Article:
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Copyright (c) 2008 Naval Law Review

ARTICLE, ESSAY & NOTE: INTERDICTION ON THE HIGH SEAS: THE ROLE AND AUTHORITY OF A MASTER IN THE BOARDING AND SEARCHING OF HIS SHIP BY FOREIGN WARSHIPS

2008

Naval Law Review

55 Naval L. Rev. 157

Author

CDR David Garfield Wilson, JAGC, USN*

Excerpt

I. INTRODUCTION

On September 11, 2001, several individuals belonging to the terrorist organization al-Qaeda 1 hijacked four passenger planes of which two crashed into the World Trade Center Towers in New York City, one into the Pentagon--the Department of Defense headquarters, and the fourth, destined for either the United States Capitol or the White House, crashed in Pennsylvania after passengers confronted and fought the hijackers. 2 As a result, over 3000 men, women, and children from over 80 different countries died or remain missing following the attacks. 3 What commenced thereafter was the United States' Global War on Terrorism. 4

Just as multiple aircrafts facilitated the terrorist attacks on innocent civilians on September 11, 2001, terrorists are using ships to carry out their operations. 5 Reports indicate that commercial ships of varying sizes and types are being used, some knowingly and others unwittingly, in carrying out terrorist attacks, in the transportation of terrorists and terrorists' instrumentalities, 6 and weapons of mass destruction. 7 There is a widely held belief that Osama bin Laden covertly owns a fleet of commercial vessels ranging from as few as fifteen to as many as fifty, flying under various flags of convenience and that these vessels are potentially floating bombs targeted at United States' interests. 8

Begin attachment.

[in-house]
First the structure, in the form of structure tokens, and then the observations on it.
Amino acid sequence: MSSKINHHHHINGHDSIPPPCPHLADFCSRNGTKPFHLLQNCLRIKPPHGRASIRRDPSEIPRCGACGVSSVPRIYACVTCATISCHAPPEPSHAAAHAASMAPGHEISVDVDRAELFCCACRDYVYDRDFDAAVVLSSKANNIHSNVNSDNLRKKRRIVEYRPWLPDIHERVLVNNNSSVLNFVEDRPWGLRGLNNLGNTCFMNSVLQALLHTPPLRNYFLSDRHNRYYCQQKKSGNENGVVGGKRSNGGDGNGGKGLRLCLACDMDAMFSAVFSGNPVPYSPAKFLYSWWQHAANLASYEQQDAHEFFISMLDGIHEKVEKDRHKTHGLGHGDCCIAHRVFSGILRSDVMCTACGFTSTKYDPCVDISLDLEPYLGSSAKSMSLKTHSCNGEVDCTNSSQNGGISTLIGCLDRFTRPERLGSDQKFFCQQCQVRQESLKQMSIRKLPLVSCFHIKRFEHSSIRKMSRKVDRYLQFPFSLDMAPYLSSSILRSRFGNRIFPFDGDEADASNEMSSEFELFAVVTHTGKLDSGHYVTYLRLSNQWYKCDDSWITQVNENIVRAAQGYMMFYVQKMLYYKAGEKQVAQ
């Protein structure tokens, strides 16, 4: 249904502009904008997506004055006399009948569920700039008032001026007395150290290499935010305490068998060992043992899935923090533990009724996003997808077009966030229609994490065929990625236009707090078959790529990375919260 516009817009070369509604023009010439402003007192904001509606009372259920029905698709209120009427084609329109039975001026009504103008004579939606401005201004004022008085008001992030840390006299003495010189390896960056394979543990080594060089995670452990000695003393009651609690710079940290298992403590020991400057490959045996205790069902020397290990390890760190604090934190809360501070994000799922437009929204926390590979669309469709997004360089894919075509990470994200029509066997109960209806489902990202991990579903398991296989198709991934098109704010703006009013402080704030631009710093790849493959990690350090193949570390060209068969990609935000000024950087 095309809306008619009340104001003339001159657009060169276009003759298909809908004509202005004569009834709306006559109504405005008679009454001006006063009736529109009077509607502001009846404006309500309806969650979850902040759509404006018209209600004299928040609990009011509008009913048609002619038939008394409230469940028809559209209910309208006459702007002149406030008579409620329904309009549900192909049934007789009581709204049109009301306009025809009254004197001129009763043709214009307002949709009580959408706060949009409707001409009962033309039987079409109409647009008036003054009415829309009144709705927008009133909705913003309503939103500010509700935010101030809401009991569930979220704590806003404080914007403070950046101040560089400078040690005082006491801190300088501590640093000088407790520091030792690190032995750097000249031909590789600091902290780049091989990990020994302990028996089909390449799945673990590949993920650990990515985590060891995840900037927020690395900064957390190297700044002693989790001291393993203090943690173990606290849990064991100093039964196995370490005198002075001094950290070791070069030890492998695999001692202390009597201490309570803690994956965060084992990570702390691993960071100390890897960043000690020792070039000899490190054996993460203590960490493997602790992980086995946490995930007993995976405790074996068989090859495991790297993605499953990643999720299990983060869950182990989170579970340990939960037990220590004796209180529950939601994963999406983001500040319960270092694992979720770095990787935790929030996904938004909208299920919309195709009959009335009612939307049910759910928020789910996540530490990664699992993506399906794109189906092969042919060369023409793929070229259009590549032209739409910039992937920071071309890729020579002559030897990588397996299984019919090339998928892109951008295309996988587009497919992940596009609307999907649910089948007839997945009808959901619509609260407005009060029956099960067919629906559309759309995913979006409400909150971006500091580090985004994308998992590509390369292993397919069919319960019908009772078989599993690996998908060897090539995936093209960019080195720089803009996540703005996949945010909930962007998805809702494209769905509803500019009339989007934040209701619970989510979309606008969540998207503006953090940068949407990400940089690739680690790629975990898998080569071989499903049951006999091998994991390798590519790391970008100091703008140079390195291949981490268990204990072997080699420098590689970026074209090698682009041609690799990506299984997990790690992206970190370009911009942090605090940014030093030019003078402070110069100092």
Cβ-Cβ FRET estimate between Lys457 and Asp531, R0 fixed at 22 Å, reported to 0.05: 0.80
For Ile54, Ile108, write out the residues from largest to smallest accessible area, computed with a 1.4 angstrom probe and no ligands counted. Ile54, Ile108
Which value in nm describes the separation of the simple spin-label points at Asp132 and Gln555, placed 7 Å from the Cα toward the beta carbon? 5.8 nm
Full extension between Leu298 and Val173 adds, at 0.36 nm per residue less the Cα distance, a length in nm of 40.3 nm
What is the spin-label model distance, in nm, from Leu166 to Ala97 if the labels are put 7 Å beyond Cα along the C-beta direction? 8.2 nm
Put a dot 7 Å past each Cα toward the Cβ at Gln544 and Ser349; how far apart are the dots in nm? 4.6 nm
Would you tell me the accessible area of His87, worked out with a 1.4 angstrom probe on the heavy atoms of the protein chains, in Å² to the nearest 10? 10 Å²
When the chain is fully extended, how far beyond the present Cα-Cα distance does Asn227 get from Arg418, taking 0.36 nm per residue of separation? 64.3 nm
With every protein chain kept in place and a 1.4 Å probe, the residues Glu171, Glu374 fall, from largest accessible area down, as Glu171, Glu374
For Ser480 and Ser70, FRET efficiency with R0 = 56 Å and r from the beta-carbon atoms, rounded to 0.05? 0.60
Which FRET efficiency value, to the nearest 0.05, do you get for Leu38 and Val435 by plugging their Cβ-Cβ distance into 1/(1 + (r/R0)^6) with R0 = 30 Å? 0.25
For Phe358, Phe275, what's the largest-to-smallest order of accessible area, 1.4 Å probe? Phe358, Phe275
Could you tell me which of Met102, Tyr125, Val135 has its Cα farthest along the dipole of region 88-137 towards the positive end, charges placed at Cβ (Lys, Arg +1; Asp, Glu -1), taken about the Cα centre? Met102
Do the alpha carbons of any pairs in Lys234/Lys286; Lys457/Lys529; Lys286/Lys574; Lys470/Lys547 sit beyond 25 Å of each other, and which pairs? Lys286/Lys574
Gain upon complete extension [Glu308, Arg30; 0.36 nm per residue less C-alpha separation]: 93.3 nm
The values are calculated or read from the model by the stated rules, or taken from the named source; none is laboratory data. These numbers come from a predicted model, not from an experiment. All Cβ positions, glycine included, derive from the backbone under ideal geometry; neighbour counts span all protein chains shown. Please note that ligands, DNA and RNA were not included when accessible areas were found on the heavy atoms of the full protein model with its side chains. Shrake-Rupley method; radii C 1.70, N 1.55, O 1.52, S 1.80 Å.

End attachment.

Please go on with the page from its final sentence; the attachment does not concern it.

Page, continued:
With over ninety percent of the world's cargo transported by sea, the global economy depends on maritime shipping. 9 The United States has recognized the threat to both maritime shipping and the nation from maritime-based terrorist activities. ...
 
 
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